Indonesia has been experiencing a palm oil shortage in recent weeks, caused in part by Russia’s latest war with Ukraine, Al Jazeera reported on Thursday.
“In recent months, the price of used crude palm oil has soared by up to 40%, the result of a confluence of factors, including the Russian invasion of Ukraine, which provides the majority of palm oil. European sunflower. With Ukraine’s sunflower oil supply disrupted by the conflict, demand for other oils like palm oil has skyrocketed,” Al Jazeera said on April 7.
Indonesia is the world’s largest producer and exporter of palm oil. Despite its seemingly abundant supply of this commodity, Indonesia has been significantly affected by the recent surge in demand for palm oil in the absence of alternatives like sunflower oil from Ukraine.
“After crude palm oil prices surged, cooking oil prices [derived from crude palm oil] to increase by more than 50%, the Indonesian government in February capped the price of a liter of oil at 14,000 Indonesian rupiah ($0.93). To limit shortages, authorities have also started limiting customers to 2 liters (68 fluid ounces) of oil per purchase,” Al Jazeera recalled on Thursday.
Enterprising Indonesians stocked up on cooking oil when the Indonesian government announced the price cap in February, which caused the average price of the product to triple by the time Jakarta lifted the measure on March 16.
“What happened was that the cooking oil sellers didn’t want to sell their oil at such a low price, so they started hoarding it,” said Posman Sibuea, senior technology lecturer. food at the Santo Thomas Catholic University of Medan, to Al Jazeera in April. 7.
“In fact, there are cooking oil stocks all over the country, but we just don’t know where they are,” he said. Sibuea explained in more detail:
In Indonesia, cooking oil factories generally do not produce their own palm oil, so they have to buy it from palm oil producers in the form of crude palm oil.
Producers can sell palm oil at whatever price they want, and as palm oil prices have risen globally, it has become more difficult for cooking oil factories to buy the raw product. This is one of the key issues, this link between palm oil plantations and cooking oil factories.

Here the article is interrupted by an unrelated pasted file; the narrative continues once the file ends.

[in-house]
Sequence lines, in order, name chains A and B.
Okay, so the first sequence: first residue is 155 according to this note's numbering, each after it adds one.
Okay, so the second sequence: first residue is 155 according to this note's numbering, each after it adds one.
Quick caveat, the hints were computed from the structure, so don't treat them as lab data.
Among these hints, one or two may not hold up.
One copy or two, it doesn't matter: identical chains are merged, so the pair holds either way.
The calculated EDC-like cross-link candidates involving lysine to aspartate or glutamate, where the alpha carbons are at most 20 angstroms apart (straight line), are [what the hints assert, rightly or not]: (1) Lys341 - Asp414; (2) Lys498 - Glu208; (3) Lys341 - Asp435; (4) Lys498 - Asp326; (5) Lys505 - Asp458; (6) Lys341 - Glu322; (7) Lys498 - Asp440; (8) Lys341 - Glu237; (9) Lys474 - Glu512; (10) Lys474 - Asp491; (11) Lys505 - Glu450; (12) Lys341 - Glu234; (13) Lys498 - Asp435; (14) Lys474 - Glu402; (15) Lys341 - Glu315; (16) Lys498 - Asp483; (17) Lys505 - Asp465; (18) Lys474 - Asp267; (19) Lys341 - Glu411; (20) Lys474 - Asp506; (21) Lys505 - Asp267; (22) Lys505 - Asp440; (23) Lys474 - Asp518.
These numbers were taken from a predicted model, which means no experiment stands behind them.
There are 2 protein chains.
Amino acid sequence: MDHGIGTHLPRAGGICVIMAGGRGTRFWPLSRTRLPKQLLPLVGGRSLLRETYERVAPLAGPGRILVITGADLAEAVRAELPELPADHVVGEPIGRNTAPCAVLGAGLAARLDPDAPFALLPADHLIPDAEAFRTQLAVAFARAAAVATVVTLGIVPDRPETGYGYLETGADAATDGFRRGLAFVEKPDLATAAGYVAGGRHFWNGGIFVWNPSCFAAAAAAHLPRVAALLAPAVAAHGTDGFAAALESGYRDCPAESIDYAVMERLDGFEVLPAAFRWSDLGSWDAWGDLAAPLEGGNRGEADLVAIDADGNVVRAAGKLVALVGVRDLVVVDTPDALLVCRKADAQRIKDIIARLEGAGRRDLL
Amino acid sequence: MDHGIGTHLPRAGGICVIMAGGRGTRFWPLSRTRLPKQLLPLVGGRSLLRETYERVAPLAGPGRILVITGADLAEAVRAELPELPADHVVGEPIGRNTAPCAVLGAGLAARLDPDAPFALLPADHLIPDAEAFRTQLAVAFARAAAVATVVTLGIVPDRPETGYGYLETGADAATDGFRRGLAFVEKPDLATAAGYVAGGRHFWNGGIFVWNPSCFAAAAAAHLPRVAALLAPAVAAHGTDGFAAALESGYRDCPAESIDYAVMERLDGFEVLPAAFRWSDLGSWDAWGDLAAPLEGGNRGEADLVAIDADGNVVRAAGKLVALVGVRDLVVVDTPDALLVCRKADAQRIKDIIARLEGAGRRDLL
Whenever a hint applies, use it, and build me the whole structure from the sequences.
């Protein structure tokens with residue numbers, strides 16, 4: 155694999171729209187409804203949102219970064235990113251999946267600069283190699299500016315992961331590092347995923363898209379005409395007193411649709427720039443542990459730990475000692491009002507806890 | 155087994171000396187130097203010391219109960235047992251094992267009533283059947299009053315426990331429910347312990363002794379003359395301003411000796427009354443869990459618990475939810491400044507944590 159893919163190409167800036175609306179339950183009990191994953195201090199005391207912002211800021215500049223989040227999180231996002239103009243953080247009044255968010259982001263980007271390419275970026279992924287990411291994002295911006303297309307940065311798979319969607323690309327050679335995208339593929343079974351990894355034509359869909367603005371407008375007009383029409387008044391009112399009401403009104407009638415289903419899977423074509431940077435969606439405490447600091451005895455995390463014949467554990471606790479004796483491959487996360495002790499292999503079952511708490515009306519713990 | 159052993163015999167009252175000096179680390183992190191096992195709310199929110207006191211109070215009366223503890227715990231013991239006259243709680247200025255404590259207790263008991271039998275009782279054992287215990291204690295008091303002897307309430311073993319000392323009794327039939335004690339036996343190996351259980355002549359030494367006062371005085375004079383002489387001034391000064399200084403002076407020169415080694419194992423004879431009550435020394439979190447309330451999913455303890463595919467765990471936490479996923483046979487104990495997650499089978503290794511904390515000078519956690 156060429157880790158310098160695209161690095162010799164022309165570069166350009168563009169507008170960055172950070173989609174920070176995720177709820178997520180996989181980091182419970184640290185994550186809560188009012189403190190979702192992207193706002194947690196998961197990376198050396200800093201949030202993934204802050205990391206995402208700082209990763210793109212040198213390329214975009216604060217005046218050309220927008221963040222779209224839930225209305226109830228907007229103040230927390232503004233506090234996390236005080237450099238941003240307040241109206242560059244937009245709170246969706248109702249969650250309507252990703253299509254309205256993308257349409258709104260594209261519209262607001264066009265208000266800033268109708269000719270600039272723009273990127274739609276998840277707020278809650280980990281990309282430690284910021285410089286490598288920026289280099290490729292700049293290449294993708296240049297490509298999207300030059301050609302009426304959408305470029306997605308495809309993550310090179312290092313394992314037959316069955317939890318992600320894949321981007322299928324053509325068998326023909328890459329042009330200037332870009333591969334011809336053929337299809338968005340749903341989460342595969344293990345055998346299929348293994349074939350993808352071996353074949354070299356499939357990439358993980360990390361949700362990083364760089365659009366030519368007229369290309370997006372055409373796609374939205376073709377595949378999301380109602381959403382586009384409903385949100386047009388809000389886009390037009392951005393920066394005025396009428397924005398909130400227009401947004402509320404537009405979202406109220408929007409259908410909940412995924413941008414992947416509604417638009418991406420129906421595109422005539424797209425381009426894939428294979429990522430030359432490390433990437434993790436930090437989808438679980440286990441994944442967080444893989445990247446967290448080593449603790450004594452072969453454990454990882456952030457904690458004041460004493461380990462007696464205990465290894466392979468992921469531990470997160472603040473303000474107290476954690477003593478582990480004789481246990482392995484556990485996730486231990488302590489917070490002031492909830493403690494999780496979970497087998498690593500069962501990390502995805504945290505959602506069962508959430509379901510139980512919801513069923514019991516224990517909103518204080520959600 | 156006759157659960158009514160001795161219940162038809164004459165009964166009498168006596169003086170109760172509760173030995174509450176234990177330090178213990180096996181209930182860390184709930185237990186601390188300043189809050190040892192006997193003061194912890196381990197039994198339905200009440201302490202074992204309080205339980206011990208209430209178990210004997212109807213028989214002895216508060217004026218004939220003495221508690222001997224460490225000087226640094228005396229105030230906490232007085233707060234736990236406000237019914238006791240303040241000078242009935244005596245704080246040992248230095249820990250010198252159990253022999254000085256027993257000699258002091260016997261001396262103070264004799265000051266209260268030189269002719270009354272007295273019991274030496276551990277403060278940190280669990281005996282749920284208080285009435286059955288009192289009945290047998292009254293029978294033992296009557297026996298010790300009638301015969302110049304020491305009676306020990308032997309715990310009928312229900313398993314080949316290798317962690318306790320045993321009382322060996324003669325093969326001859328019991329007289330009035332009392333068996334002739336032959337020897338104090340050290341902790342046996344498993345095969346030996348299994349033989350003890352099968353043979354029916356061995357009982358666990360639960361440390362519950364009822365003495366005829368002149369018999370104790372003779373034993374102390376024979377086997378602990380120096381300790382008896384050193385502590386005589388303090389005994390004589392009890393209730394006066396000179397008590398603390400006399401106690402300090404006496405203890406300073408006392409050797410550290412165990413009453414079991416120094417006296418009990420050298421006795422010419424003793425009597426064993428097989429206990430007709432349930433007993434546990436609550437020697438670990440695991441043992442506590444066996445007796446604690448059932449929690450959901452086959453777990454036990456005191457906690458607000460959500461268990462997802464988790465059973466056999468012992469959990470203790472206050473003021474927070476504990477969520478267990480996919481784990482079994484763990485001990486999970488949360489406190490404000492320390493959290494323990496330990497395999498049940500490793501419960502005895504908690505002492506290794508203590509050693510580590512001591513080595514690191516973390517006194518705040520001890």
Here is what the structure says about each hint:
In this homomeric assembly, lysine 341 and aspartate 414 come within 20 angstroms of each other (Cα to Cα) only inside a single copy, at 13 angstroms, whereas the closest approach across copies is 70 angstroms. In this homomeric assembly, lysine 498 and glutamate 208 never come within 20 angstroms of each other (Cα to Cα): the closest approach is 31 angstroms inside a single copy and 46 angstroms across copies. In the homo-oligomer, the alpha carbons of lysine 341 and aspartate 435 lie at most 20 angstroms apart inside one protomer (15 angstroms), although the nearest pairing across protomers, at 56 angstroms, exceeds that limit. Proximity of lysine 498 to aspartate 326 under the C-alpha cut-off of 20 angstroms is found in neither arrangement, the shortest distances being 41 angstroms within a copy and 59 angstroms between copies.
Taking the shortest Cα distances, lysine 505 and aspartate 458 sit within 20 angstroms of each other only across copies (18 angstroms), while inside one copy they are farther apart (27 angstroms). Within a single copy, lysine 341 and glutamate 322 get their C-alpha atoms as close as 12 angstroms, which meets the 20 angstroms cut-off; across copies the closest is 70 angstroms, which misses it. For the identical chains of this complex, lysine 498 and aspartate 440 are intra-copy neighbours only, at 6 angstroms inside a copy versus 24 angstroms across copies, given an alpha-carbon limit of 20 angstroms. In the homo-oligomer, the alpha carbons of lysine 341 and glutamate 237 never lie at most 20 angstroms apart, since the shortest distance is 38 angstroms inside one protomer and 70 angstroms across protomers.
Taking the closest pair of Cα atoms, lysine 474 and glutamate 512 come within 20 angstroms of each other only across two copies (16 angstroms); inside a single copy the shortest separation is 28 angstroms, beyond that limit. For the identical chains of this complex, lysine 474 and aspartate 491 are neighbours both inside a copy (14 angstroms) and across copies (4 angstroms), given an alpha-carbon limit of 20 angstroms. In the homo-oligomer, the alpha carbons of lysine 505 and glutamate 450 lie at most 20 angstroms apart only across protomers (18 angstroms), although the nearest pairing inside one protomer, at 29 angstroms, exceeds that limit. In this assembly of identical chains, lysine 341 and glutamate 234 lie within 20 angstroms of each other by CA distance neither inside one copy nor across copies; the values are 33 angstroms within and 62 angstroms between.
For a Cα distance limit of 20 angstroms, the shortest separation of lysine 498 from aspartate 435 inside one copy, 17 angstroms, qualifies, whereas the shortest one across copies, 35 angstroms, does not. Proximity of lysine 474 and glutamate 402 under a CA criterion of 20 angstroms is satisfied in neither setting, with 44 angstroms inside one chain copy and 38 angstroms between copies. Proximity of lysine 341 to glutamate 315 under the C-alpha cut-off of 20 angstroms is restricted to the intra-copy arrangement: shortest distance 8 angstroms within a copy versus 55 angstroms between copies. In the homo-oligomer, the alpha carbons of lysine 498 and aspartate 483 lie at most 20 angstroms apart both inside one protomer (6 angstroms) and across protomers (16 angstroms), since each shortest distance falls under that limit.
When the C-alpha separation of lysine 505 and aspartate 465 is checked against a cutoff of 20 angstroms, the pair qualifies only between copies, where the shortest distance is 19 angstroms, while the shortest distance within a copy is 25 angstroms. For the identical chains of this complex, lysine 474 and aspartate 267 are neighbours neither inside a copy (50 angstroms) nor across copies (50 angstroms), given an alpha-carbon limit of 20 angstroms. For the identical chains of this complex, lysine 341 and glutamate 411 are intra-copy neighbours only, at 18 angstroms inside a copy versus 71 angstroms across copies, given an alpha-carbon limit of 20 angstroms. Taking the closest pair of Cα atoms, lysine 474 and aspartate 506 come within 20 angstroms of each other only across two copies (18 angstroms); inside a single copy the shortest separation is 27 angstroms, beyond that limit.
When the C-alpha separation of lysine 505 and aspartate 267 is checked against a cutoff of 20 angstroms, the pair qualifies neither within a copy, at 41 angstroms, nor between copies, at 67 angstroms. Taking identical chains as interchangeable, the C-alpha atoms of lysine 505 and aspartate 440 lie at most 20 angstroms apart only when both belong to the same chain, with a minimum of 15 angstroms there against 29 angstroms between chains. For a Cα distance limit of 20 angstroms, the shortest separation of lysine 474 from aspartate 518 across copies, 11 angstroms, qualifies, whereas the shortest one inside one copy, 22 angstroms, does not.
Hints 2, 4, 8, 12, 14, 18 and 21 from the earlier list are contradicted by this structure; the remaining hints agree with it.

Shortages of cooking oil proved deadly in mid-March in Indonesia’s East Kalimantan province of Borneo. Two women died within days of each other of apparent sunstroke after both tried to wait in long lines for their government-mandated palm oil allocation, the first in the town of Nusantara (14 March) and the second in the city of Samarinda (March 15). ).
Indonesia’s palm oil crisis seems puzzling, given the nation’s status as the world’s largest producer and exporter of the commodity. Part of the problem stems from Jakarta’s stipulation that only 20% of Indonesia’s palm oil production should be reserved for domestic consumption.
Uli Arta Siagian, a forestry and plantation activist at an environmental nonprofit called WALHI, or the Indonesian Forum for Living Environment, explained Indonesia’s paradoxical oil shortage to Al Jazeera on April 7.
“The big problem with palm oil is that the majority of oil palm plantations in Indonesia are owned by only a few people, maybe 20 at most,” Siagian revealed. Continuing, she said, “These people not only own the plantations, but also all the infrastructure of the industry, like the factories and everything else. They therefore have a monopoly on the industry and a monopoly on the price of palm oil.
In mid-March, the Indonesian government more than doubled the maximum export tax on palm oil to “$375 a ton as part of a plan to subsidize prices and distribute more than 200 million liters (6,763 fluid ounces) of the product across the country every month,” Al Jazeera reported.
“Tuesday [April 5]authorities have announced the launch of a cash transfer program offering donations of 300,000 Indonesian rupiah ($20) to help low-income citizens and restaurateurs buy oil,” the Qatari media reported.